We awake the next morning to a thin blanket of snow and find the temperature has dropped even further. The hotels in this region are far from five star but they’re homely, and run by affable locals. I breakfast with a group of rosy-cheeked men who are here for the winter sports season. They’re dressed far more weather-appropriate than me. 

Charlevoix visit USA
The pretty town of Charlevoix. Image via Anna Walker

As we drive through Marquette, a pretty, popular overnight city stop on the waterfront of Lake Superior, the fusion of winter and autumn is disorientating.

The trees along the roads here look as though they’ve been dusted with icing sugar, evergreen pines nestled between the bursts of autumn oranges, yellows and fiery cherry reds. 

leaves in great lakes autumn fall road trip USA
A carpet of autumn leaves at Copper Falls. Image via Anna Walker

Each home that we pass, isolated and surrounded by fields, tells a story. One dark, wooden house is encircled by an eerie cemetery, while another spacious farmhouse is boxed in on all four sides by tall, neatly planted firs. 

It’s easy to imagine the history of these homes, to picture ancestors planting the trees, passing their lives in the house, then being lowered to rest in the grounds outside. 

road trip round the USA copper falls
Copper Falls State Park. Image via Anna Walker

Wisconsin's Copper Falls State Park (above) is ideal for stretching car-stiffened legs. Known for its spectacular waterfalls, autumn carpets it with a thick layer of golden leaves. A vicious waterway dubbed the “Bad River” by Native Americans courses through the park, clashing with the Tyler tributary to create spectacular, if ferocious, waterfalls.

There are wolves, deer and bear in the surrounding woods, and although the trail is carefully cultivated, the distinction between civilisation and the natural world feels hazy. It’s hard to conceal my shock when our thick-accented guide proudly boasts that her son killed a bear just that morning. 

Freezing but invigorated, we drive on to the traditional Mogasheen Resort (below), where we’re ushered into a charming log cabin which smells of sweet burning wood.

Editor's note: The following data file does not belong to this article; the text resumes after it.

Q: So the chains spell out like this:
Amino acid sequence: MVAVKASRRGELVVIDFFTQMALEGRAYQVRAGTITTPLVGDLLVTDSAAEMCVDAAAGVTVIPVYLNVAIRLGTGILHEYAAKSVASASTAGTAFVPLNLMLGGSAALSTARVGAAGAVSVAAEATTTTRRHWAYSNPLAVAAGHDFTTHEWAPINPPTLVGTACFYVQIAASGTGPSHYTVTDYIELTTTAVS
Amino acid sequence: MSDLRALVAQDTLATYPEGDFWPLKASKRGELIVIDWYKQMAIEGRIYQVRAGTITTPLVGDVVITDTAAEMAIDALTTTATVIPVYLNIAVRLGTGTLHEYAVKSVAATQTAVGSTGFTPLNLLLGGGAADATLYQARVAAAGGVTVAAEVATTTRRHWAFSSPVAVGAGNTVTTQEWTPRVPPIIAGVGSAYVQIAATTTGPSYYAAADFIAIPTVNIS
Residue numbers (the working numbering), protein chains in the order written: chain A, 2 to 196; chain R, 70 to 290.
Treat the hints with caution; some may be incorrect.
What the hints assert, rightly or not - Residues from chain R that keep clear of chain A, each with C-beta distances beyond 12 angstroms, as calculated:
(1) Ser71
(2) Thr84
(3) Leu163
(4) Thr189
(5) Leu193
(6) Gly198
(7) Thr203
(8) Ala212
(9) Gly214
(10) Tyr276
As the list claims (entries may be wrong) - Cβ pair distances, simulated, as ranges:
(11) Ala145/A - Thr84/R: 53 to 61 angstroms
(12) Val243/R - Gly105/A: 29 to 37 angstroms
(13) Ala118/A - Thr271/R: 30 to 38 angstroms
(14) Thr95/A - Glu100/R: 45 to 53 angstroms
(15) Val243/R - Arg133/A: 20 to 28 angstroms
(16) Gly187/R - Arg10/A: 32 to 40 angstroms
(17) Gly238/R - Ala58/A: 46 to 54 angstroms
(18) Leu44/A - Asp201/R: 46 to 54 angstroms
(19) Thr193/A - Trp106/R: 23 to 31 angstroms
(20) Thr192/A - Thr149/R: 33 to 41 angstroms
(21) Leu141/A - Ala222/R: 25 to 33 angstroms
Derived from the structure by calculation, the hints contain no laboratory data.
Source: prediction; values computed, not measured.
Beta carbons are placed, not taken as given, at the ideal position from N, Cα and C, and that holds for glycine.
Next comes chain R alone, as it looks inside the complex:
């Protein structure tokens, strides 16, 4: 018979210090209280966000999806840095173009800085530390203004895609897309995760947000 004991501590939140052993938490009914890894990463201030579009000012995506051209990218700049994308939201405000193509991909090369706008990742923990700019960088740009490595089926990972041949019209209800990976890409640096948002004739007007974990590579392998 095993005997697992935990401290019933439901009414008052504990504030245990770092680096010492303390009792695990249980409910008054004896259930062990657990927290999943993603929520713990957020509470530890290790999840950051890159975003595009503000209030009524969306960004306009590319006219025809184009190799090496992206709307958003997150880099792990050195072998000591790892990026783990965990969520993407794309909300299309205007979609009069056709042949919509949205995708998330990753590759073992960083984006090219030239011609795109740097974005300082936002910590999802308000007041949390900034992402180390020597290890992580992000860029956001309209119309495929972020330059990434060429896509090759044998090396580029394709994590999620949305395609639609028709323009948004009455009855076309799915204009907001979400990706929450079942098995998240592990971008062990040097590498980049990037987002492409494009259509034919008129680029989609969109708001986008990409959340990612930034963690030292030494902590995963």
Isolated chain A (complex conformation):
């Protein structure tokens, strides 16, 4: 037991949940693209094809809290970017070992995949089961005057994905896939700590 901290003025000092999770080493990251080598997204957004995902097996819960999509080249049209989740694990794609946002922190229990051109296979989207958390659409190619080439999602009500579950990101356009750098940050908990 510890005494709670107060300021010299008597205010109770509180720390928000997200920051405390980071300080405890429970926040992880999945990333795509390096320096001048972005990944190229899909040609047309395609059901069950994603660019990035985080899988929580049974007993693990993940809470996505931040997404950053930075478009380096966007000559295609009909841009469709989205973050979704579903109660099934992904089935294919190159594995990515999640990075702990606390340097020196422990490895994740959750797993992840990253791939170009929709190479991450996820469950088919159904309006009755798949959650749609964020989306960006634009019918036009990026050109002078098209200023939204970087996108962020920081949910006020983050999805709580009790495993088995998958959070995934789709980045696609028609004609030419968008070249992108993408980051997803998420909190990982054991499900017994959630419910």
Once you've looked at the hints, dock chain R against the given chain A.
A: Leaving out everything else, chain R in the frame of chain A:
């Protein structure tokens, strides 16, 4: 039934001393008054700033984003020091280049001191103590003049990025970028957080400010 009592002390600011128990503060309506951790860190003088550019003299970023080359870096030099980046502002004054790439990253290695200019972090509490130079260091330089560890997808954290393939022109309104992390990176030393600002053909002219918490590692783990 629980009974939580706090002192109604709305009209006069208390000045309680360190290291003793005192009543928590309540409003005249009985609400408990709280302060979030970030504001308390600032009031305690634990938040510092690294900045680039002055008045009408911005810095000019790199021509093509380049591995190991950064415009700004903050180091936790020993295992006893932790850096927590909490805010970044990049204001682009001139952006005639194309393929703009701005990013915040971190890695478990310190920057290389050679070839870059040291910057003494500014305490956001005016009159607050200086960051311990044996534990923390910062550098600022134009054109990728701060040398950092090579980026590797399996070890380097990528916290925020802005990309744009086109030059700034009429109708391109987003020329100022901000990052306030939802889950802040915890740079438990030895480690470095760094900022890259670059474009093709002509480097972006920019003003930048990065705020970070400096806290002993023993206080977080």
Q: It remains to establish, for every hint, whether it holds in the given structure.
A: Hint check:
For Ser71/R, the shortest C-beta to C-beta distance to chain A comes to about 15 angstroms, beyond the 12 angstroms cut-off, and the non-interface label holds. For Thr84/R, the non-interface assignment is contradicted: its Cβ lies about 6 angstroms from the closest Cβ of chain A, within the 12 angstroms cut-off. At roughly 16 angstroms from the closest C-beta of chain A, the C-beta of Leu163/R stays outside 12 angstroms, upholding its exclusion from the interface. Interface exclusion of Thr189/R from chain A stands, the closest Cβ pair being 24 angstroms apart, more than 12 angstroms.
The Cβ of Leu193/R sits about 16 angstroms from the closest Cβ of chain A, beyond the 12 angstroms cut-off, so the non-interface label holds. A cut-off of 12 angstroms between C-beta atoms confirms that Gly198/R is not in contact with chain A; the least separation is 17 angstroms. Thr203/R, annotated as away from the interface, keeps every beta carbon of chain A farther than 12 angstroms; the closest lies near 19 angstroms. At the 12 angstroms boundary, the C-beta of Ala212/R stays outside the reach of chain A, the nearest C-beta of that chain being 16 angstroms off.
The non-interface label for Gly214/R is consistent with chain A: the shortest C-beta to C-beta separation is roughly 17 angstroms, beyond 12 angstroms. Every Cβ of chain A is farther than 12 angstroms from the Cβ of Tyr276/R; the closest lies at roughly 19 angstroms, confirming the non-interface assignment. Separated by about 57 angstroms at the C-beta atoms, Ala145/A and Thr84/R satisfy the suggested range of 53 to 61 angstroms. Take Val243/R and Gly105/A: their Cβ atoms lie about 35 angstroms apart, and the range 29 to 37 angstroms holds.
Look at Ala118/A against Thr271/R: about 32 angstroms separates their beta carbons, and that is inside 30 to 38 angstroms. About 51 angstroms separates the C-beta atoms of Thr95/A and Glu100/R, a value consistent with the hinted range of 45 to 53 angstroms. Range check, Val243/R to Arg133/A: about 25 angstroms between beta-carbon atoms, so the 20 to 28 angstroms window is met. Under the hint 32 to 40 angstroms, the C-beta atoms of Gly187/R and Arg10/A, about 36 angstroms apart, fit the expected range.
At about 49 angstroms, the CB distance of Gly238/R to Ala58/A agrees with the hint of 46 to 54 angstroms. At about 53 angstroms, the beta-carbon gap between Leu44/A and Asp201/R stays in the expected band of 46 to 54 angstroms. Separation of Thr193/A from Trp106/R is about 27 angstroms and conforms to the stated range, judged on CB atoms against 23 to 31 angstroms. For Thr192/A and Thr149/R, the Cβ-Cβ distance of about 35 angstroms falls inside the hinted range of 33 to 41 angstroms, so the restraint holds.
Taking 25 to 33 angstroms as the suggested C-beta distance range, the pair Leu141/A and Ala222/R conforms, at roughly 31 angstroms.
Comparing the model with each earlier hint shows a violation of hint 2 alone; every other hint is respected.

Mogasheen resort road trip great lakes usa
Mogasheen Resort at sunset. Image via Anna Walker

Thermoses of hot cocoa with crème de menthe are thrust into our cold hands and warm brownies are stowed in our pockets as we clamber aboard a pontoon to take a bracing ride across Jackson Lake. The kindly couple who own Mogasheen (which translates as “Little Moccasin”) inherited it from their parents, who bought the land from Native Americans some 56 years ago. Their son and his wife will take over soon, marking three generations of hospitality. 

The on-the-road lifestyle is what makes this trip so special. Everyday activities like stopping for petrol become an adventure as we rummage through racks of brightly coloured candies and leaf through the colourful pages of American magazines. Each day brings a change of scene, temperature or time zone and new, welcoming faces. 

After a week on the road, we arrive in Minneapolis (below). It’s a vibrant, young city with 11 miles of sky walkways between the buildings, so the residents never have to venture outside when it’s cold. As the snow falls in fluffy flakes, the city takes on a dreamy quality and the nearby Basilica of Saint Mary rings out a peal of Sunday bells. I’m transported to Bedford Falls as we meander down the thriving theatre street and watch locals enjoying the snow. 

minneapolis great lakes trip
Minneapolis in the snow. Image via Anna Walker

For our final day we head to Paisley Park. Once the home of Prince, it’s been transformed into a site of musical pilgrimage by the team behind Graceland. Phones are banned, and the property takes on the air of a sacred space with the musician’s ashes housed in the rafters, looking down on the visitors to his former fortress. Our young tour guide narrates the musician’s life and his emphasis on the theme of universal love in hushed, reverential tones, Prince’s iconic symbol pinned to his bright purple tie. 

Prince’s message of unity follows me to the airport as I reflect on my time in this disparate region. Quiet, yet bustling. Cold but vibrant. Friendly but happy to be left alone, it’s a province of contrasts. 

Just as you try to pin the Great Lakes down to a series of words or pretty descriptions, they morph and change before your eyes. Those striking fall leaves become hidden beneath snow. That lilting open water is whipped into a frenzy. A born-again city reveals unresolved tension. Deer that pose for photographs suddenly flee into woodland. And a week on the road becomes a day on the plane, becomes an hour on the train, becomes a long, hard-earned sleep. 

 

Planning your own Great Lakes trip:

 

The Great Lakes USA is the largest expanse of freshwater in the world with a unique and diverse landscape. This region, which is the size of continental Europe, includes the US states of Illinois, Indiana Michigan, Minnesota, Ohio, and Wisconsin. Visit the Great Lakes USA website for more information and suggested itineraries.

Bon Voyage can tailor make packages to the Great Lakes region. Visit the Bon Voyage website for more information.

the great lakes map
Illustration by Elly Walton